Importing food from within the EU

Information on EU member states, food establishments selling products of animal origin and considerations for importing fishery products.
Last updated

EU Member States

A full list of EU member states that have freed trade between them is available online. Please note that Cyprus is part of the EU, though goods from areas not under effective control of the Republic of Cyprus are treated as non-EU imports. 

All food products, produced or imported into the country, must be fit for human consumption and must meet the general food safety requirements of General Food Law Regulation 178/2002

In general, this prohibits food being placed on the market if it is unsafe, that is if it is either

  • injurious to health
  • unfit for human consumption

Food brought into the UK must meet Regulations introduced under the Food Safety Act. Food businesses must apply Hazard Analysis and Critical Control Point (HACCP) based procedures. The HACCP system is a tool for food business operators to control hazards in food.

Food (including that of animal origin, food not of animal origin, and food containing both products of plant origin and processed products of animal origin) brought into the UK must comply with the requirements of Commission Regulation No 852/2004. This is to ensure that food under your control has satisfied the relevant hygiene requirements at all stages of production, processing and distribution. 

The Commission’s guidance sets out these regulations.

Food placed on the UK market can be checked by local authorities for compliance with food safety and hygiene standards, whether it is produced in the UK, other EU Member States or in a non-EU country. In the UK, food safety and food standards checks are carried out by qualified environmental health practitioners and trading standards officers employed by local authorities. Non-compliant food products can be removed from the food chain.

You will find general information about food labelling online.

For advice on the labelling of specific products, please contact your local authority’s Trading Standards Department or Environmental Health Department. You can find contact details for these online.

If you intend to set up a business in the UK to sell food, that activity has to be registered under Regulation No 852/2004. You will need to get in touch with the environmental health office of the local authority where you intend to set up your business. They are in the best position to determine whether legislation applies according to individual circumstances.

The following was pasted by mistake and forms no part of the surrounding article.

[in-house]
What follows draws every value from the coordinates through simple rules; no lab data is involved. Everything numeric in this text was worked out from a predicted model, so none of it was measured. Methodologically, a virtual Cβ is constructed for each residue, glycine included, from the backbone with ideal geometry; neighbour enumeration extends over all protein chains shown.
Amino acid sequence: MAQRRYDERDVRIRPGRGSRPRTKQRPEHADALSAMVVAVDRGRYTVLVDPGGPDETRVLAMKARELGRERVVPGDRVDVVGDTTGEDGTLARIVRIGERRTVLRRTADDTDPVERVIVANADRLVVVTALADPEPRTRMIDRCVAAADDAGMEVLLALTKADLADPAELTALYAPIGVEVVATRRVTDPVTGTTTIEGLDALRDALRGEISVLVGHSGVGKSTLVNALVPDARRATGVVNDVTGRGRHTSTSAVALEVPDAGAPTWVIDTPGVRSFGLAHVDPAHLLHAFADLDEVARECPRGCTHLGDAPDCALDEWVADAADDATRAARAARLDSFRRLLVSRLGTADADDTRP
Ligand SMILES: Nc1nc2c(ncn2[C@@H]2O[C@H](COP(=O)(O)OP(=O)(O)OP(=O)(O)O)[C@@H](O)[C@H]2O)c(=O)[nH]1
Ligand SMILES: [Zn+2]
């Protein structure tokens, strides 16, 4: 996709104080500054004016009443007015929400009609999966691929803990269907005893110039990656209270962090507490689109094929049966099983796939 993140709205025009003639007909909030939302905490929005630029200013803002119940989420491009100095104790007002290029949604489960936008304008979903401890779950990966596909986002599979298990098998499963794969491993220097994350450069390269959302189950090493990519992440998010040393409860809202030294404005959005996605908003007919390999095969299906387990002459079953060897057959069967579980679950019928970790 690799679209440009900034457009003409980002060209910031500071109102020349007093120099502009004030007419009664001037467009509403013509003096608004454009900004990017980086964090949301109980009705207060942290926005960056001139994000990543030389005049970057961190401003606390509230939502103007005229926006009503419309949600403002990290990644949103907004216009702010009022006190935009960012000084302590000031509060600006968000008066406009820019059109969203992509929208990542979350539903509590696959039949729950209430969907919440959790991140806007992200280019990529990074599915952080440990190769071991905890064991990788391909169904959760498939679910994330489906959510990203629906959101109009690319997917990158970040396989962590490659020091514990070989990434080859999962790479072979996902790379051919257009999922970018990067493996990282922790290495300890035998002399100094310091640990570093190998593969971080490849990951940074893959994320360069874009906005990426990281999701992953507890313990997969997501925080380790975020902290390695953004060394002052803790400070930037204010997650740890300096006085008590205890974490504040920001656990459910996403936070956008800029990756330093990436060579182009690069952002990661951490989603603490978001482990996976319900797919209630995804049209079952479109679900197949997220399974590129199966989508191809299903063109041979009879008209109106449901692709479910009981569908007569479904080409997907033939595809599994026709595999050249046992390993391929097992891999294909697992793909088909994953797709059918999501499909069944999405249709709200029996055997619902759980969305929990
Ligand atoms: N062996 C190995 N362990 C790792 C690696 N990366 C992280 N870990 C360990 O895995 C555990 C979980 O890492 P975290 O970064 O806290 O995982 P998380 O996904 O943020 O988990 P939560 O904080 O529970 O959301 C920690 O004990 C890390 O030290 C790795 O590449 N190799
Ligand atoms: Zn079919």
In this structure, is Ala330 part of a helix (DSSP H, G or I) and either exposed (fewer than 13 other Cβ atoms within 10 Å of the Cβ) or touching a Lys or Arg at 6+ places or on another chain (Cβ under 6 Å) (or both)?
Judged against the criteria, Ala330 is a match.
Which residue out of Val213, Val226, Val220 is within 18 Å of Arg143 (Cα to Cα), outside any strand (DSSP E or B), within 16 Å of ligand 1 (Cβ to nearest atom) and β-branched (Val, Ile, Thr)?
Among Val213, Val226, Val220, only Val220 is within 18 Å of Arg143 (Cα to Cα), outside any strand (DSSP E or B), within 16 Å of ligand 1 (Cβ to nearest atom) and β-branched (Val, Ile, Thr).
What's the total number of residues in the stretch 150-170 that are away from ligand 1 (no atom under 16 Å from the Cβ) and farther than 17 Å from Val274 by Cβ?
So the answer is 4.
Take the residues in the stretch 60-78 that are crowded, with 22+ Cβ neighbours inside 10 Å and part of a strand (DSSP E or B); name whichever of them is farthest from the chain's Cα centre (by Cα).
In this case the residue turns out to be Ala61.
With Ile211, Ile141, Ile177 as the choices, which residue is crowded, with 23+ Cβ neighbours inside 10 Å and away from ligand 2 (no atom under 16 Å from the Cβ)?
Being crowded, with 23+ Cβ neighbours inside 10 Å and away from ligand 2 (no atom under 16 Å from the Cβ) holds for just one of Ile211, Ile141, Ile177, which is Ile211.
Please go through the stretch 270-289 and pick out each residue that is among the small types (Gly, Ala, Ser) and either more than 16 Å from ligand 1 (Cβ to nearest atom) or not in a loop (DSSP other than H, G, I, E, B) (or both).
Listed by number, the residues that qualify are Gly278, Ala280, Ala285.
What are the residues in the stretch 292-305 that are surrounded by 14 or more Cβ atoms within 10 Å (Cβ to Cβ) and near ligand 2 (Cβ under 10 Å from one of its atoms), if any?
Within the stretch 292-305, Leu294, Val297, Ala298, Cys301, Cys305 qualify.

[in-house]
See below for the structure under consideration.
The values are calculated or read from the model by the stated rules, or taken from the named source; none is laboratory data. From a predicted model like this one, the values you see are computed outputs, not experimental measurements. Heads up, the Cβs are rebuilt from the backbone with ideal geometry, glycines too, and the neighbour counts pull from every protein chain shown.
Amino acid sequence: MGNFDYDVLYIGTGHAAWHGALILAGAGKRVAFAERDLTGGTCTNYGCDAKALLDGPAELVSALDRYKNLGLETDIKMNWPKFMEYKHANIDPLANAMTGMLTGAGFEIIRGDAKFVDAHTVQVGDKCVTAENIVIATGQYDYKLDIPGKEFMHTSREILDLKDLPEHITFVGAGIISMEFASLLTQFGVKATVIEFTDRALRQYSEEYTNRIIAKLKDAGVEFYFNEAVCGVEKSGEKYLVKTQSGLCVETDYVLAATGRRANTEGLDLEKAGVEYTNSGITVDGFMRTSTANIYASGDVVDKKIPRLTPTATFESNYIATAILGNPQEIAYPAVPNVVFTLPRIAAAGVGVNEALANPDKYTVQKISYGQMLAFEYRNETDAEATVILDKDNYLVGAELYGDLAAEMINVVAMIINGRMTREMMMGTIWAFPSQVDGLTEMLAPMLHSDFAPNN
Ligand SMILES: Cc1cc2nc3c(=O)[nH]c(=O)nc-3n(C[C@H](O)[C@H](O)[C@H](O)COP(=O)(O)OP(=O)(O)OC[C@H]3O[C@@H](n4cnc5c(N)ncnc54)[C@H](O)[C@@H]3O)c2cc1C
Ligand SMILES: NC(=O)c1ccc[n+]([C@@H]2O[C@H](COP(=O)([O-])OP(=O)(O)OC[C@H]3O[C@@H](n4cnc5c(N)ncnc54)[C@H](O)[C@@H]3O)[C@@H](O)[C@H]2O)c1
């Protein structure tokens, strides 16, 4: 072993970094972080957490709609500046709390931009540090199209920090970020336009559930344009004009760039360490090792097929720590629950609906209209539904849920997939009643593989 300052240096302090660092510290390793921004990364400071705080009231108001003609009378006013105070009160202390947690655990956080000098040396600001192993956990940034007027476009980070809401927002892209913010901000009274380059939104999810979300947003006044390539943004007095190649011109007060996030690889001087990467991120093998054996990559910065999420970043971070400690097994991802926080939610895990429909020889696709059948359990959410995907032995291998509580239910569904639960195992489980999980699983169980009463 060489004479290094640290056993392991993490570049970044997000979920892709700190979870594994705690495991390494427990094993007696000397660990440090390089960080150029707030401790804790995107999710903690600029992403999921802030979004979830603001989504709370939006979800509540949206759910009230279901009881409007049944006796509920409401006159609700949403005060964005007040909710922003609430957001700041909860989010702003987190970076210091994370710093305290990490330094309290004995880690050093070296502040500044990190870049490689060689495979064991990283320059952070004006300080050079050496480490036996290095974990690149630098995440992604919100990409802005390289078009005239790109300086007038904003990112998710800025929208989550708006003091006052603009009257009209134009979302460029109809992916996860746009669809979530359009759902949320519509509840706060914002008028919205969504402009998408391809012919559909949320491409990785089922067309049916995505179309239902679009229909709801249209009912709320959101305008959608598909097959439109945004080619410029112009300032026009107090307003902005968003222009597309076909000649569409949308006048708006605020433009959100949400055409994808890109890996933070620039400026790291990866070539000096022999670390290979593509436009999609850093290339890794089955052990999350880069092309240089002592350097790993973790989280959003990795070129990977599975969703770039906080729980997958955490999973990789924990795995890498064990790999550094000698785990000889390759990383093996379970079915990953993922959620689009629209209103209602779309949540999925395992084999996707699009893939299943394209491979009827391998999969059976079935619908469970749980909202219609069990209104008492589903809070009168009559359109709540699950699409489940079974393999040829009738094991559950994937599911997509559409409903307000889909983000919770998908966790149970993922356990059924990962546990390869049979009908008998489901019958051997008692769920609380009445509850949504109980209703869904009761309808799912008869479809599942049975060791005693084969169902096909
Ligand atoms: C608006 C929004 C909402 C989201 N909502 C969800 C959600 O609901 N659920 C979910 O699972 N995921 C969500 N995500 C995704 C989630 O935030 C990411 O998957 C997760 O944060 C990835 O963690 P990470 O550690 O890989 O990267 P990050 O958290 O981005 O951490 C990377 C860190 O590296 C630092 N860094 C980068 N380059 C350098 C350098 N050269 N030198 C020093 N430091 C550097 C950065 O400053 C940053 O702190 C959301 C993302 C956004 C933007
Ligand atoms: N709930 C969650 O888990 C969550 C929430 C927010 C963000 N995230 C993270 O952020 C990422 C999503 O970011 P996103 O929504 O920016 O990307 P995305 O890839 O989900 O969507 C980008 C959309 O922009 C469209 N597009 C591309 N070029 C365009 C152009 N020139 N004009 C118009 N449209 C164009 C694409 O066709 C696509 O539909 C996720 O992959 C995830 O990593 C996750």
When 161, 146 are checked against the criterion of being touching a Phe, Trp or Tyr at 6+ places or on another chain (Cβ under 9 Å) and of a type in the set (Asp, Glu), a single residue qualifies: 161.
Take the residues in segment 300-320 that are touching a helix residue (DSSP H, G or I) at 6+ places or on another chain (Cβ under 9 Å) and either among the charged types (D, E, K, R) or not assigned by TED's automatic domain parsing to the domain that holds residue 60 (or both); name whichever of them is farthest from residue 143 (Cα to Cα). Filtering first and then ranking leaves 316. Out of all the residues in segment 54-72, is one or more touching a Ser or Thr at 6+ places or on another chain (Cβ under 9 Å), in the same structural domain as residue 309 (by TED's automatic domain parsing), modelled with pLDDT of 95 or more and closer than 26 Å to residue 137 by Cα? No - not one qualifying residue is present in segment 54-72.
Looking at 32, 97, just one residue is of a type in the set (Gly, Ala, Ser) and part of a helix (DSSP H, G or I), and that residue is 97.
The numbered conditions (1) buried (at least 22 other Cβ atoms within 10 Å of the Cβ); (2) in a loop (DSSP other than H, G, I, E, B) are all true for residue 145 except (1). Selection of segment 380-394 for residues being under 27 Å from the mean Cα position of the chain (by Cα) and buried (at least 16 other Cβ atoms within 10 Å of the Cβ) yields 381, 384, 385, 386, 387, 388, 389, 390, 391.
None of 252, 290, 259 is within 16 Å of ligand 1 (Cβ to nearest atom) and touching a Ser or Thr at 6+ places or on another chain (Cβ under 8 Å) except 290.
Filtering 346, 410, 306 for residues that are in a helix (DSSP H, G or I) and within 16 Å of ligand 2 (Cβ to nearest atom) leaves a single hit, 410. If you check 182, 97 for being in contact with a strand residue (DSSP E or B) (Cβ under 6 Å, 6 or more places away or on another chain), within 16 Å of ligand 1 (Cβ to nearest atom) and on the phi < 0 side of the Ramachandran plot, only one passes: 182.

Locate your local Environmental Health Department in the UK online.

Further guidance on food hygiene requirements and how to set up a food business can be found online.

Food establishments selling products of animal origin

There are strict rules within the EU for selling any foods that are or that contain any POAO. Amongst other requirements, this will require certification of the product and the premises that produce the product being licensed by the EU.
To confirm that the EU establishment supplying you is fully licensed for distributing 

  • red meat 
  • meat products -including sausages, meat pizzas, meat pies) 
  • dairy products -including milk, butter, cheese, yoghurt, cream) 
  • eggs 
  • poultry meat 
  • wild game 
  • insects
  • grubs 
  • unusual meat -including reptiles, alligators 
  • honey 

please contact the Animal and Plant Health Agency (APHA) through their website. APHA is an Executive Agency of the Department for Environment, Food and Rural Affairs (DEFRA).

To confirm that the EU establishment supplying you is fully licensed for distributing gelatine, please check the European Commission's website.

Food hygiene 

For general enquiries on food hygiene please contact the Food Hygiene Policy Team by email.

Fishery products

We provide business guidance on importing fishery products and bivalve molluscs from other EU countries is available on our website.

You can confirm that the EU establishment supplying you is fully licensed to distribute fishery products or bivalve molluscs, on the European Commission's website.

the Fish Health Inspectorate at the Centre for Environment, Fisheries and Aquaculture Science (CEFAS), provides information on importing live fish intended for human consumption from other EU countries on their website.

Contaminants

A guidance note on the Contaminants in Food (England) Regulations 2013, which make provisions for enactment and enforcement of Commission Regulations setting regulatory limits for contaminants in food (nitrate, mycotoxins, metals, 3-MCPD, dioxins and PAHs), can be found online.

Team contacts

Food hygiene policy 

foodhygiene.policy@food.gov.uk